Kelsee Ford: I Can’t Stand Negative Energy

Photo by Imani Khayyam

By Asia Mangum

Kelsee Ford, 16, believes everyone should have a voice, and use it for good. “Everyone has a voice and an opinion. … (But) if it is intentionally offensive, then it shouldn’t be said,” she said.

A Jackson native, Ford lived in New Orleans once for a month before coming back home. Here, she plays basketball and tennis, and loves music. As she starts the 11th grade next year at Murrah High School, Ford has decided she wants to be a music therapist when she grows up. “I want to help people through music like it helps me,” she says. Ford adds that she also wants to be an entrepreneur because she likes to be in charge.

Ford works hard to maintain a positive energy, although she has faced tragedy. “My biggest challenge was coming to the ninth grade without my friend Darius,” she says. He passed away the year before.” Darius, aka Oreo, was in the eighth grade when he collapsed at track practice.  

Her sister and her best friend are Ford’s best influences. “My best friend Gabrielle has influenced me the most,” she says. “I was really shy in the ninth grade, and she brought me out. My sister Dariah brings positivity into my life because I can’t stand negative energy.”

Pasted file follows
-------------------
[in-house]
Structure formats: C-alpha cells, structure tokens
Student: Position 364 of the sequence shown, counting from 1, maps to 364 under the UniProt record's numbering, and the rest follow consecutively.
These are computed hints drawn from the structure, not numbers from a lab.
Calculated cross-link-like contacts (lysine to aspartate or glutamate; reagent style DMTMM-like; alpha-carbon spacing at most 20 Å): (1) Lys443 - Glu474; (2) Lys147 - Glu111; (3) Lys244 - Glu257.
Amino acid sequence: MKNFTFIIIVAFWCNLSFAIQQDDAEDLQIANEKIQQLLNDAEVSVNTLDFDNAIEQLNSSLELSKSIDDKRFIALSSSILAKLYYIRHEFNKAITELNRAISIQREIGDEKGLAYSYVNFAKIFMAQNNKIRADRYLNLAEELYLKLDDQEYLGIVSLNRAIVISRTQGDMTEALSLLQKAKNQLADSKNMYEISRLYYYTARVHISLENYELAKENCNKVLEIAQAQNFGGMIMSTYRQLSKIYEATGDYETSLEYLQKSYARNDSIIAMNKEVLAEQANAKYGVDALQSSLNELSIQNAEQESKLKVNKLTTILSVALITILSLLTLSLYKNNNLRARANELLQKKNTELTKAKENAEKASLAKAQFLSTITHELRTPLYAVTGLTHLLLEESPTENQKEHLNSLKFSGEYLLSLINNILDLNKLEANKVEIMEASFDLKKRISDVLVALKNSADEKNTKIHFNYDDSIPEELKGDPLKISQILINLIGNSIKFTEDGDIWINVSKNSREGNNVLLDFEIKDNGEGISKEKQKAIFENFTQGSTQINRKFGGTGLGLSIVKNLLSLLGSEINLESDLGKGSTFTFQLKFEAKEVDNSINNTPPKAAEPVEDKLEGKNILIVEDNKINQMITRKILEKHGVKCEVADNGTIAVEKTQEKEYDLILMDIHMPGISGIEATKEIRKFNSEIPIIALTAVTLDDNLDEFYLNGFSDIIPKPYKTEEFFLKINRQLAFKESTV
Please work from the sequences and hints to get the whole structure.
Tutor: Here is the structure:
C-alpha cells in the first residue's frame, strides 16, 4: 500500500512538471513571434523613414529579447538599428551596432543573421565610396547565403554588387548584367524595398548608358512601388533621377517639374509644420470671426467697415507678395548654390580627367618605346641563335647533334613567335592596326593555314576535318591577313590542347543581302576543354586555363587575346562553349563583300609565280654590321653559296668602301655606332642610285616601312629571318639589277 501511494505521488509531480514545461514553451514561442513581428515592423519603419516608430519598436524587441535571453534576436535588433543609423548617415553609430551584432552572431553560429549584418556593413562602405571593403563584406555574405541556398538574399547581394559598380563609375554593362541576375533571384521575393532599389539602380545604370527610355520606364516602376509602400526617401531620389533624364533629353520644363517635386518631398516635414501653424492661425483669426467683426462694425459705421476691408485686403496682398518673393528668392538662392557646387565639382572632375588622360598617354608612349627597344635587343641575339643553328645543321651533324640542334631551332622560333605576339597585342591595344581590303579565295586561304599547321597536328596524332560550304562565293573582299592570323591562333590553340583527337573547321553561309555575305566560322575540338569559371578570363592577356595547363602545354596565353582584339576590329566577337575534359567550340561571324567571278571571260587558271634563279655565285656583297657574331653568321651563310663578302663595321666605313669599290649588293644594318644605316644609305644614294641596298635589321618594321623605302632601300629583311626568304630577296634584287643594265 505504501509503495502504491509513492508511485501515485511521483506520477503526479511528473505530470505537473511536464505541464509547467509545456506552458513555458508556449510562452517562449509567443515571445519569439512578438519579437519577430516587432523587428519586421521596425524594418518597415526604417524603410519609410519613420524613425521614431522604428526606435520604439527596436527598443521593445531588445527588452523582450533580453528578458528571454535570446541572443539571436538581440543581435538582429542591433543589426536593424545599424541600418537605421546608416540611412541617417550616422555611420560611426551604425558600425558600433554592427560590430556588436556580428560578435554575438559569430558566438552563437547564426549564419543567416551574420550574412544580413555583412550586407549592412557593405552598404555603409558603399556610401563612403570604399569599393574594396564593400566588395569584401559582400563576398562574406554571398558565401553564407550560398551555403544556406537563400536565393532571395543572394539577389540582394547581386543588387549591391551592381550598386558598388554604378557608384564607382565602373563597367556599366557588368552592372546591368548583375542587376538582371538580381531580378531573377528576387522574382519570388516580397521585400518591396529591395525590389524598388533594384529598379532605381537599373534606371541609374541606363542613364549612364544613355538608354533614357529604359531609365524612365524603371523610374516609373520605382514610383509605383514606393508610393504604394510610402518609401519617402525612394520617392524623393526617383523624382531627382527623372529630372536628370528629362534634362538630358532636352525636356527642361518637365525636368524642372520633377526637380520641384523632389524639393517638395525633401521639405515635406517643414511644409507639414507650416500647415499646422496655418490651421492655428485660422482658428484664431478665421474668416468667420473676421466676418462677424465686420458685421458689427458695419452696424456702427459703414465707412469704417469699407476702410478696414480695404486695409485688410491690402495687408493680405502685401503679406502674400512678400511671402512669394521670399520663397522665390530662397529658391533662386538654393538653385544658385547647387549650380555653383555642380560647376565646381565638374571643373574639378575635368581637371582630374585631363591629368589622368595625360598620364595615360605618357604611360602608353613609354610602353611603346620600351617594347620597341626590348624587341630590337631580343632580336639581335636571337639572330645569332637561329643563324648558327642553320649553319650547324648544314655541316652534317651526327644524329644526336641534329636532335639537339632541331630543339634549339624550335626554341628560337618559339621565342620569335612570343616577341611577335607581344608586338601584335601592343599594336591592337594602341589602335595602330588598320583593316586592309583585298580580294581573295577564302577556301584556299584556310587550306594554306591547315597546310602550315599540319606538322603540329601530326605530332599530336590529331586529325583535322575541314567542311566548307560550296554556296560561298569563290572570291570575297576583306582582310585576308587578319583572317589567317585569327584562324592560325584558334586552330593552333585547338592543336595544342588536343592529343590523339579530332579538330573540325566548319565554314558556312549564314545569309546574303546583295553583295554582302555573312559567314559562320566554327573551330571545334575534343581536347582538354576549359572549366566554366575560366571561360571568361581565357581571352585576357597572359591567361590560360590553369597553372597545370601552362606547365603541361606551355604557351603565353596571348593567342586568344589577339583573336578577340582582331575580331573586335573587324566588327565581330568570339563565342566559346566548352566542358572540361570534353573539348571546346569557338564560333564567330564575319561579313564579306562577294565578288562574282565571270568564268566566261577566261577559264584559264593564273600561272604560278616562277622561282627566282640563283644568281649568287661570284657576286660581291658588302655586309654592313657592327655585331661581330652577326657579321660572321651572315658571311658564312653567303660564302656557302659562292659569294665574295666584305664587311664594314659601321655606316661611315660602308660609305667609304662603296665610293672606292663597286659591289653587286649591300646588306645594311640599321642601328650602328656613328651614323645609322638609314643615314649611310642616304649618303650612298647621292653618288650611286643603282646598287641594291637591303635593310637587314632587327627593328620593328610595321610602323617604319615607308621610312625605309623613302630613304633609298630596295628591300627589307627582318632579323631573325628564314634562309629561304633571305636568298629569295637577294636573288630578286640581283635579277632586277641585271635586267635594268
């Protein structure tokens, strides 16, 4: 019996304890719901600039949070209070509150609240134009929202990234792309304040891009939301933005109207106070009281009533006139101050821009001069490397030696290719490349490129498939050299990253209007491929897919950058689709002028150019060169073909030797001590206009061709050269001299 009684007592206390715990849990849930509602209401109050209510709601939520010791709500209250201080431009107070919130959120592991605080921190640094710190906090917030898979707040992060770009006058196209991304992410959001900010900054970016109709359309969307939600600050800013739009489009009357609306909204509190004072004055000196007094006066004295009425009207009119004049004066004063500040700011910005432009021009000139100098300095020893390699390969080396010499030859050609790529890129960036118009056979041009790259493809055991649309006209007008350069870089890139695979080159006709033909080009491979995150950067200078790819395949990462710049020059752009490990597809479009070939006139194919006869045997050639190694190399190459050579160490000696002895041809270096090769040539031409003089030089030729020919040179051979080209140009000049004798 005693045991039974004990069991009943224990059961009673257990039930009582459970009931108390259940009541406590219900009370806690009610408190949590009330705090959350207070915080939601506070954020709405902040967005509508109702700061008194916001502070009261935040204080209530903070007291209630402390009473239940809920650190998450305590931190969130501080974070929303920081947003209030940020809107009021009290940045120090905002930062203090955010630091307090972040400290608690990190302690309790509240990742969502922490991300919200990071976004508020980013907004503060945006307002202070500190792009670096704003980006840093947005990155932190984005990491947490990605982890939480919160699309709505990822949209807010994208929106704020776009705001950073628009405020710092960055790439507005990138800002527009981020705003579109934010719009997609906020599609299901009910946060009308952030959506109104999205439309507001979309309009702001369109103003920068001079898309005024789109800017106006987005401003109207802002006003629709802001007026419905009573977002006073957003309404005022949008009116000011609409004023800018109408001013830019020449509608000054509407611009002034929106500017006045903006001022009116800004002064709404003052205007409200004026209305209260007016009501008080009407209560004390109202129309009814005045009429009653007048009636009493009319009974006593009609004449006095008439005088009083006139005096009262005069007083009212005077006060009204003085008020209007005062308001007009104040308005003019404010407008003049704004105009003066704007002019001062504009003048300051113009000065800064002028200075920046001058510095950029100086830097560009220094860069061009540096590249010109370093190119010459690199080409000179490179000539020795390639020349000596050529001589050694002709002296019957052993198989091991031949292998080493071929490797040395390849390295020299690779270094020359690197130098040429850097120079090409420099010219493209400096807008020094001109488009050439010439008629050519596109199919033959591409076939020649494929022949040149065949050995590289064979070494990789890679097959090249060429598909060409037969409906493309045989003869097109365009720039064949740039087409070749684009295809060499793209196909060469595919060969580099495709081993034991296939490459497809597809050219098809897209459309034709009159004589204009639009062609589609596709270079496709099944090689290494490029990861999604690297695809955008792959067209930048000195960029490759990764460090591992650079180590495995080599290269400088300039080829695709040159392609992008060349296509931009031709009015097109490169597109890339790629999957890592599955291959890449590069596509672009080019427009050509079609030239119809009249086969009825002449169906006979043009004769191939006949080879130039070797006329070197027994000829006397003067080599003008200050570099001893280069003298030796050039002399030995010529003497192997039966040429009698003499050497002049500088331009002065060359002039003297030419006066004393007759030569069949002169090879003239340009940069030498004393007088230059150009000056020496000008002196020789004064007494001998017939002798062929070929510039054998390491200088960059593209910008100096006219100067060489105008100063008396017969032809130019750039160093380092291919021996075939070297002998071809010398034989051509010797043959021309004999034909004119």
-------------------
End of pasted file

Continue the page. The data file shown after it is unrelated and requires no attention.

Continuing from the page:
Ford is at the Youth Media Project because she wants young people to be portrayed in a better way. She believes there are kids who do good things, but it doesn’t get mentioned in the media. She is also involved in JROTC at Murrah, and is the battalion executive.

Mississippi is a mixed bag for Ford: She likes some things, but not others. “I like that it is a lot of history to learn from here. Especially civil-rights history,” she says. “I dislike the negativity, the media and the way the money is used here. Also, I don’t like the roads and the education system.” 

Ford wants to help change the state’s shortcomings, however, by finding and reporting solutions. She hopes and believes that she isn’t the only one who wants to help make Mississippi a better place. “I want to get more people involved to help out,” she says.